"My child had been born the previous year and I’m visiting in with a member of my dissertation committee. Wanting to share with him a great news that I my paper was accepted to a suberp conference, I said, 'I have a wonderful news, Prof X.' Prof X interjects: 'Oh, are you pregnant again?' ”
Though I don't have as much insight into the micro-inequities that take place in other disciplines or in various other workplaces, I suspect behaviors similar to those that occur in philosophy are prevalent elsewhere.
It is well-known that most micro-inequities occur as a result of implicit biases that we all possess. Common reactions to the following riddle illuminate this phenomenon.
"A boy and his father are terribly injured in a car accident. They are rushed into the hospital, and the father dies soon after. The little boy is in desperate need of an emergency operation, but the doctor refuses to see the boy saying, “I cannot operate on him, he is my son!” Who is the doctor?"
"The boy's stepfather?" or "I don't know" are more frequent answers than "The boy's mother," which ought to be people's first response.
The one-million dollar question is, how do we minimize implicit biases? Studies show that education may be the answer in some cases. Lebrecht and colleagues, for example, showed that racial biases become less significant when people are trained to recognize the faces of people of different ethnicity. The researchers first showed 40 white study participants a series of pictures of different races. After each picture the participants were shown a word that could be real or nonsense and was either negative or positive and were asked to decide whether the word was real or nonsense.
The researchers found that the subjects responded more quickly when a negative word followed a face of a black person as opposed to a white person. Half of the subjects then underwent a 10 hour training session in facial recognition that taught them to tell apart individual African-American faces. When the implicit bias tests were run again, the participants whose ability to tell apart individual African-American faces had improved also displayed fewer implicit racial biases.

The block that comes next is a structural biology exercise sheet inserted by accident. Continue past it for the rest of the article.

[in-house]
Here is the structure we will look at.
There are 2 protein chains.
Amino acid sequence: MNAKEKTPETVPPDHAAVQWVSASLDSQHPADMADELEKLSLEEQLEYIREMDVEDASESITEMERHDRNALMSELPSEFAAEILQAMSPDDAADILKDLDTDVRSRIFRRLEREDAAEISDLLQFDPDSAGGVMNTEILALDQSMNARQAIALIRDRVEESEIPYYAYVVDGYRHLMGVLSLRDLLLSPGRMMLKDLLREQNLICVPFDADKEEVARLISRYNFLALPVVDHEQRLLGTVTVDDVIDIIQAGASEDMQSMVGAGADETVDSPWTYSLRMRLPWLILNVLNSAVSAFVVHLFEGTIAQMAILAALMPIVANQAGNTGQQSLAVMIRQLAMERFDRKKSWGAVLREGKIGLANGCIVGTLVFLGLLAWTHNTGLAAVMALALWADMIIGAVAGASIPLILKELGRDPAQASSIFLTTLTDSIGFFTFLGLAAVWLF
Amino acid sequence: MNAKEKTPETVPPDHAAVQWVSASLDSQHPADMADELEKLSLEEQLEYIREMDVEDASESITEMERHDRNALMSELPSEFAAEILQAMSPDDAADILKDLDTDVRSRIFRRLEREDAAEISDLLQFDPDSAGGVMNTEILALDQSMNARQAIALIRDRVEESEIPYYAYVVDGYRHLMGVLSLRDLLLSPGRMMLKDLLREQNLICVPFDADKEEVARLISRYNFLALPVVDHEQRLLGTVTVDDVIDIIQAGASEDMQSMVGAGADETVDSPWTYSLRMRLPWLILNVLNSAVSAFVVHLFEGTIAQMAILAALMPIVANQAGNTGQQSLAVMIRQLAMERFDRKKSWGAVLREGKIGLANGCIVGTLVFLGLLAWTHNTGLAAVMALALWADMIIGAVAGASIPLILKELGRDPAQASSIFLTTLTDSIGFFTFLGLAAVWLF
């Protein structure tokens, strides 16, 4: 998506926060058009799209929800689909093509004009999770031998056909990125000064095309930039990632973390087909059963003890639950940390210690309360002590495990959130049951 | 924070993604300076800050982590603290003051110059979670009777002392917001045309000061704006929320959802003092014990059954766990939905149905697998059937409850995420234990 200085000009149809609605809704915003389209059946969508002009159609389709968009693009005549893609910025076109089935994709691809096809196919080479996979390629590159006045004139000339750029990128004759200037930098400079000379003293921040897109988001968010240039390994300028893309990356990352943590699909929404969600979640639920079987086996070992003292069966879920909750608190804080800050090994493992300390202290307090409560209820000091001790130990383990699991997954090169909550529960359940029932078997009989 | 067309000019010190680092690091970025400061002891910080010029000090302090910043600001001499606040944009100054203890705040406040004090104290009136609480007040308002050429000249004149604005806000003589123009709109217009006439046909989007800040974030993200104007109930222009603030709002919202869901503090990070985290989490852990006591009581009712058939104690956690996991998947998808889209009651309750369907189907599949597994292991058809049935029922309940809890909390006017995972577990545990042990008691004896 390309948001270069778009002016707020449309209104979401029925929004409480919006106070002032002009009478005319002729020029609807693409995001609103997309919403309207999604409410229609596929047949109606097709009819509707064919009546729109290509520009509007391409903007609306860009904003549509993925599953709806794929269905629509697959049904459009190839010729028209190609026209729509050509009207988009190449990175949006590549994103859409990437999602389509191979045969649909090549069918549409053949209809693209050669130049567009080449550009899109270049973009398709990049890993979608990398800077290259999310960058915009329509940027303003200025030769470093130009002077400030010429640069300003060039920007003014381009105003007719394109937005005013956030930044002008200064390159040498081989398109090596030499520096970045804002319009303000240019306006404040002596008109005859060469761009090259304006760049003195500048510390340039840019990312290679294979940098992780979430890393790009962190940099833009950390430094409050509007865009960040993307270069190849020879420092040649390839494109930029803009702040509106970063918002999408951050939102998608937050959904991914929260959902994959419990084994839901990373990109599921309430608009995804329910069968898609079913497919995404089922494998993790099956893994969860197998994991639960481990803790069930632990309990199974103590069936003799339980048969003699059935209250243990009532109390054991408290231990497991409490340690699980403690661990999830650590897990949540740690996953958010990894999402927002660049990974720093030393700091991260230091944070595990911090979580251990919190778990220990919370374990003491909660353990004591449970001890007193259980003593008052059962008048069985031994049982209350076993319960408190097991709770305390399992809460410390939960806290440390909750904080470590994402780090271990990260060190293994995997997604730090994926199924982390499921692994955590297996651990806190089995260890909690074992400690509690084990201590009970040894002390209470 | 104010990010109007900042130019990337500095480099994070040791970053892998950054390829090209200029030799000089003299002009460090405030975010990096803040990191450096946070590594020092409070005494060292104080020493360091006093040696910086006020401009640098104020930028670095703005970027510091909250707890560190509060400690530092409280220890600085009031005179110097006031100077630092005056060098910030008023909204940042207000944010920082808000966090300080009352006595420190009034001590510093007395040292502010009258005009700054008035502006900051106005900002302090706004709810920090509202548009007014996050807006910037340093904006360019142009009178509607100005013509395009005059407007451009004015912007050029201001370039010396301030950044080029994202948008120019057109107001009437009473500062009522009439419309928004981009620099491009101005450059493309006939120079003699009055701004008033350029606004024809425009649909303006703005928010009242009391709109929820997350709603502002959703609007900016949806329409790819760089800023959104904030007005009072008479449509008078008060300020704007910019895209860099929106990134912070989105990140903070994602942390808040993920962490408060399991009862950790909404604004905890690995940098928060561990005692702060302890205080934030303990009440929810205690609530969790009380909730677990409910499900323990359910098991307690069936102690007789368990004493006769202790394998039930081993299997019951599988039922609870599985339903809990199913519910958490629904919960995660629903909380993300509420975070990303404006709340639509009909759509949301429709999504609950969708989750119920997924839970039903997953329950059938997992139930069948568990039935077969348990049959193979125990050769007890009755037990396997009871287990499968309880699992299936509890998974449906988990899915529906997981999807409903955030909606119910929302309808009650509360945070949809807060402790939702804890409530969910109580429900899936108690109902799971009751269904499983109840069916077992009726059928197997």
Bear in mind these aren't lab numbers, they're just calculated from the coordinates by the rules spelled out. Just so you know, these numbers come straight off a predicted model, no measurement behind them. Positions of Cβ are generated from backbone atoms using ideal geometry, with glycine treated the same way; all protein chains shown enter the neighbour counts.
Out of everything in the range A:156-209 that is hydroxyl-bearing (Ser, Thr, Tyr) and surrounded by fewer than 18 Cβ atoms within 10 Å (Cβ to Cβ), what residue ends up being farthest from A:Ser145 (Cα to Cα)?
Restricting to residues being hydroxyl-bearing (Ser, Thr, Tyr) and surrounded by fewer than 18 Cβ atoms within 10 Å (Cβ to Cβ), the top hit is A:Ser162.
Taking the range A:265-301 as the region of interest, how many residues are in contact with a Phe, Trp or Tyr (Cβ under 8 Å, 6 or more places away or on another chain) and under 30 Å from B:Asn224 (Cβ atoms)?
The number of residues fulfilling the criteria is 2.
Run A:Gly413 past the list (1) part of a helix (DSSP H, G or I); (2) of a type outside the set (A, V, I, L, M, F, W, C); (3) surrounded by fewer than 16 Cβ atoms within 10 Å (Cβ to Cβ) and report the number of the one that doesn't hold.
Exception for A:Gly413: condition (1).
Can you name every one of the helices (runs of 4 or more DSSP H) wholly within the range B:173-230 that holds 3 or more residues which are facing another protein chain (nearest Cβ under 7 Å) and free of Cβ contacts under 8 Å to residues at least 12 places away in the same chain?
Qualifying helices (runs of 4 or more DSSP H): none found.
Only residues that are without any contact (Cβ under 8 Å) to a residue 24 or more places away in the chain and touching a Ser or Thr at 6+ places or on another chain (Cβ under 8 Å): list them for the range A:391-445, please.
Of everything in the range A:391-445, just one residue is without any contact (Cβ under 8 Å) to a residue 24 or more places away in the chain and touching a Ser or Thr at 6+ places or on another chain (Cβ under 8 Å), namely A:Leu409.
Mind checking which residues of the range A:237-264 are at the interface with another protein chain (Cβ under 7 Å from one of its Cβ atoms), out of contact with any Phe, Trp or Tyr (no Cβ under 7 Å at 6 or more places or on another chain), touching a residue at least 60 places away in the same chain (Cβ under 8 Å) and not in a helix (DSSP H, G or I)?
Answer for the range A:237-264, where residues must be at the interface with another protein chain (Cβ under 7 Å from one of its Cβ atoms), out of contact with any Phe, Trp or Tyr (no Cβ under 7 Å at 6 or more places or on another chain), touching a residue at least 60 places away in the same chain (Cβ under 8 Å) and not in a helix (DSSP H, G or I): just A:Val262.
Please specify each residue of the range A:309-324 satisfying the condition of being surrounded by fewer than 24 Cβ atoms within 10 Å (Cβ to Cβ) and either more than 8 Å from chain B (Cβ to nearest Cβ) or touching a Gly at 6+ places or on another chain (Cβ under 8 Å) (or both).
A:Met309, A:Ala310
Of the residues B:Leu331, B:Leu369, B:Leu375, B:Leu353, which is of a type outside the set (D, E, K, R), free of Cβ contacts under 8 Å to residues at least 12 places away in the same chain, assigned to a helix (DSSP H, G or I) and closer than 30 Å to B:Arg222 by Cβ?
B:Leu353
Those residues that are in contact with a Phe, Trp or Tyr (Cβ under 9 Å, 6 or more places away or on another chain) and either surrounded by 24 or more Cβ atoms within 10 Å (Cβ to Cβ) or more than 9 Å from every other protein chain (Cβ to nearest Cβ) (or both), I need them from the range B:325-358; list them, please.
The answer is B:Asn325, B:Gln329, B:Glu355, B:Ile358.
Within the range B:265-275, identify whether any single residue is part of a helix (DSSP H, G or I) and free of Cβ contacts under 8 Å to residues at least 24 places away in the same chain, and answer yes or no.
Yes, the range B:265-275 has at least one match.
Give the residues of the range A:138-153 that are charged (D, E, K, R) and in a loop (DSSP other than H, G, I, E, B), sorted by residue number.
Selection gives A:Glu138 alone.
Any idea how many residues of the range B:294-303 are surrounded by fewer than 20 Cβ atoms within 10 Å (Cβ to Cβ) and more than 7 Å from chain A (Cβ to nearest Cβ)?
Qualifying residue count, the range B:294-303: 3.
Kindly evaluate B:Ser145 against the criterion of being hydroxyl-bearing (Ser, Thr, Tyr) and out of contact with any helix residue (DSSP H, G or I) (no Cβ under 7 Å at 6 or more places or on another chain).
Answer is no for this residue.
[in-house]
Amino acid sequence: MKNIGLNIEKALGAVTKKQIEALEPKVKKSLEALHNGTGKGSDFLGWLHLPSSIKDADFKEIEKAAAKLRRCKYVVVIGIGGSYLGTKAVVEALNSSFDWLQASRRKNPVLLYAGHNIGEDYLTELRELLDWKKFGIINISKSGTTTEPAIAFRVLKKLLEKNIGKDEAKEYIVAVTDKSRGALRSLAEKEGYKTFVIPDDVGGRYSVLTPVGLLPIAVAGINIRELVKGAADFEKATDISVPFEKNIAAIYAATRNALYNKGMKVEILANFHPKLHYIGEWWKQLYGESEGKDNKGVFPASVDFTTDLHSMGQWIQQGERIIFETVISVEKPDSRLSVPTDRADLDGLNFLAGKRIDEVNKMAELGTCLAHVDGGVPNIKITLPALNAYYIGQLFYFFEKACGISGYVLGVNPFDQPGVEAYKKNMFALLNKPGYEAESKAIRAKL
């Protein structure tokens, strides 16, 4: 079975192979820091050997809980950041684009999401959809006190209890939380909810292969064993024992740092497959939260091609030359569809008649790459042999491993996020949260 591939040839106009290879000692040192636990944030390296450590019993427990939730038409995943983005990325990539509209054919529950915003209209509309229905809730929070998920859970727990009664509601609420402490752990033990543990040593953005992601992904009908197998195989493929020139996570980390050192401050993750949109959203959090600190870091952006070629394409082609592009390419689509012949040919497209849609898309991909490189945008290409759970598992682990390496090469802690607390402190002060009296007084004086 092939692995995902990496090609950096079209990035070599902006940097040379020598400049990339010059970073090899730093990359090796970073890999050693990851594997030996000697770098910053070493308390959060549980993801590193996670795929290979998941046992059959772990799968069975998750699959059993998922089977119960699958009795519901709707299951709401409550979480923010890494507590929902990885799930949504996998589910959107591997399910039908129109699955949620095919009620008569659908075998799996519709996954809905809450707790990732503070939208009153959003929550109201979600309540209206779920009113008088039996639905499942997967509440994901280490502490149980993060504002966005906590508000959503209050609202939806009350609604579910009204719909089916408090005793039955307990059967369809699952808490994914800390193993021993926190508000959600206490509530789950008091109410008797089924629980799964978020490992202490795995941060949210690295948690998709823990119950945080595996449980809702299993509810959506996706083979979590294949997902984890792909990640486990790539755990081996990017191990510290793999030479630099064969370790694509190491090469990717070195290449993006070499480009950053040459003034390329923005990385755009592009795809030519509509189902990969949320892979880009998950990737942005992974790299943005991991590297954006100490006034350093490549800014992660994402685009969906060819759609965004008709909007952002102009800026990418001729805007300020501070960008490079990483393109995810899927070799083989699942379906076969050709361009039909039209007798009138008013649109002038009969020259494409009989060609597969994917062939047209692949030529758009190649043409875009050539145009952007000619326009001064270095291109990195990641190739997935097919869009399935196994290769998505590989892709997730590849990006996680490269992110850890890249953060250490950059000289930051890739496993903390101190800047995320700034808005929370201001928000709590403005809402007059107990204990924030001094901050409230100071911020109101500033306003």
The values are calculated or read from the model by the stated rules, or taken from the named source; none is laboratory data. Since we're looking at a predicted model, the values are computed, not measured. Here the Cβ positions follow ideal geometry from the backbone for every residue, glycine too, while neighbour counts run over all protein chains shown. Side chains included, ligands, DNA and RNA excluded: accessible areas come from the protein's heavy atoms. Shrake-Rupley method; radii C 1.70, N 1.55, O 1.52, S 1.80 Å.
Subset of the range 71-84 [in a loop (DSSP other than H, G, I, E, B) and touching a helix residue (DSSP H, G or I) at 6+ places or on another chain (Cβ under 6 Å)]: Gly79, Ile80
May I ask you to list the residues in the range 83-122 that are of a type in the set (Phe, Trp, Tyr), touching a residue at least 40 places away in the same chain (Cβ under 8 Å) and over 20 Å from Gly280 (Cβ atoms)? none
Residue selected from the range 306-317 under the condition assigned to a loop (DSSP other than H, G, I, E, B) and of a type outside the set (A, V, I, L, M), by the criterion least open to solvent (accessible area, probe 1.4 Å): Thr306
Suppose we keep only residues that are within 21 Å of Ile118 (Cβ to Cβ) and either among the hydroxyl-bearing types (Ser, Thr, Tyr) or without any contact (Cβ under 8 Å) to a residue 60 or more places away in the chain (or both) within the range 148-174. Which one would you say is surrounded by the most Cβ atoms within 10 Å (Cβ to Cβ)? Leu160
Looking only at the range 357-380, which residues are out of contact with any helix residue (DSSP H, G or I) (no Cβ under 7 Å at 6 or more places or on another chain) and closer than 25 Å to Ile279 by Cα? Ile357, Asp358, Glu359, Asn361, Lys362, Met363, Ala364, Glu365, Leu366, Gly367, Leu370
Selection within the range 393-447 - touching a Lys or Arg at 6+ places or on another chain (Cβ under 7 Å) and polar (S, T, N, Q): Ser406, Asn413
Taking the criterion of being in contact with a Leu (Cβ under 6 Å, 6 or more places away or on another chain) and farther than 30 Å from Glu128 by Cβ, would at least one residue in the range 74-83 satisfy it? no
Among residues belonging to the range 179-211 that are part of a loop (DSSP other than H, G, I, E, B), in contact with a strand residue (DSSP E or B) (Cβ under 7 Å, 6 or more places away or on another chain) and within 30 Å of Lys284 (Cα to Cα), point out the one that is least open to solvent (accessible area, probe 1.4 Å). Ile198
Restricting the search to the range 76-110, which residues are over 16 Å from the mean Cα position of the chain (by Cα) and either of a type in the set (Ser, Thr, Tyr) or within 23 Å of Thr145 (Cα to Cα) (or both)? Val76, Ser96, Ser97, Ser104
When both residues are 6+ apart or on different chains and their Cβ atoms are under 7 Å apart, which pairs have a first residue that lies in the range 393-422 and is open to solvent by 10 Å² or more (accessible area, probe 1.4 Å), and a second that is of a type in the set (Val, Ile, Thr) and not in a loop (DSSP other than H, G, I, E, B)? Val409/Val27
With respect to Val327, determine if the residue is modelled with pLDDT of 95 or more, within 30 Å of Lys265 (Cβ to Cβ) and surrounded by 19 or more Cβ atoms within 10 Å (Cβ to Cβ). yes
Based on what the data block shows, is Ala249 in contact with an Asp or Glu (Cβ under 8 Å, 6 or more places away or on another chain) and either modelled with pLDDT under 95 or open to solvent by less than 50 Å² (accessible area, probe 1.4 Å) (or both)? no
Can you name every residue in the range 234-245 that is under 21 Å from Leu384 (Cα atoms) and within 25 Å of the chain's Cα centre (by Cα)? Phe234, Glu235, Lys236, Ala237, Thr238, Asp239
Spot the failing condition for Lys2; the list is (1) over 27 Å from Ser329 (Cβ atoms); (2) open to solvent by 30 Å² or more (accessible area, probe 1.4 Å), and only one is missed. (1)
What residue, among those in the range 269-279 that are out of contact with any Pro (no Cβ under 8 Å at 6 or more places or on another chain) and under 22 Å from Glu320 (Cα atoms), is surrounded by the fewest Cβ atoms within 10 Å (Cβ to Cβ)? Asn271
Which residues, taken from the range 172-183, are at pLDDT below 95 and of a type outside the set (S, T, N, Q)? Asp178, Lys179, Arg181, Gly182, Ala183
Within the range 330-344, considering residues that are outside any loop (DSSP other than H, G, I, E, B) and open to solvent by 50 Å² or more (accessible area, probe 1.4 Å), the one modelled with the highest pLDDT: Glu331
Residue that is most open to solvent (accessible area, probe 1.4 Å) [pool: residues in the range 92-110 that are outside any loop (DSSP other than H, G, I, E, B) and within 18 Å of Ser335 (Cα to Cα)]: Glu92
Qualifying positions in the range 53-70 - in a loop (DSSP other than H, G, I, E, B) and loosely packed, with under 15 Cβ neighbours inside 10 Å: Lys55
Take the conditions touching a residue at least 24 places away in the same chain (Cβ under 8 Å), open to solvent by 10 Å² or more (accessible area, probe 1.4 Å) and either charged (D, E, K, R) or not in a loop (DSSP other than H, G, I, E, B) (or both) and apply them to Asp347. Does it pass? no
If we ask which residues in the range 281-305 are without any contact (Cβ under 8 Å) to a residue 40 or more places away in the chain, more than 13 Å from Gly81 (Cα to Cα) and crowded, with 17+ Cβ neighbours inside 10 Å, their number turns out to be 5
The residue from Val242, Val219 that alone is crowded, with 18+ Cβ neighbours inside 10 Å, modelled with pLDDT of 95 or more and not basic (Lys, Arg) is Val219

The sort of face recognition training explored in Lebrecht's study could easily be made a required step in introductory courses for new hires and in regularly occurring workshops. Though it is not entirely obvious how to extend this type of training to reduce other types of biases, there probably are straightforward ways of taking similar measures with respect to other types of biases.
Men most likely don't have difficulties telling apart individual female faces. However, there is plenty of evidence that men are less attuned to the emotional expressions of others than women. It may be interesting to look at whether training in recognizing emotional expressions could have a similar tendency to reduce micro-discrimination against women.
Additional measures can be taken in the world of academia. A recent study showed that reviewers rate publications they believe are written by male scientists significantly higher in quality than identical work believed to be written by female scientists.
Double-blind reviewing is commonly practiced in philosophy. Reviewing is double-blind when the author doesn't know the identity of the reviewer, and vice versa. But even double-blind reviewing is not completely "blind." First, the editor typically knows the gender of the author. Second, reviewers commonly "google" paper titles or arbitrary phrases to identify the author before writing their review. In the sciences there is even more room for biases influencing decisions, as the reviewing process often is only single-blind, that is, the reviewer knows the author's identity.
Practicing triple-blind reviewing that would leave the identity of the author unknown even to the editor would likely help with these biases, though the 'google' problem would remain. And the "blinding procedures" used in publishing could easily be extended to grading of exams and term papers and job applications.
No single measure, I am sure, will entirely eliminate micro-inequities but perhaps by implementing as many measures as possible, we may be ale to significantly reduce these harmful inequities.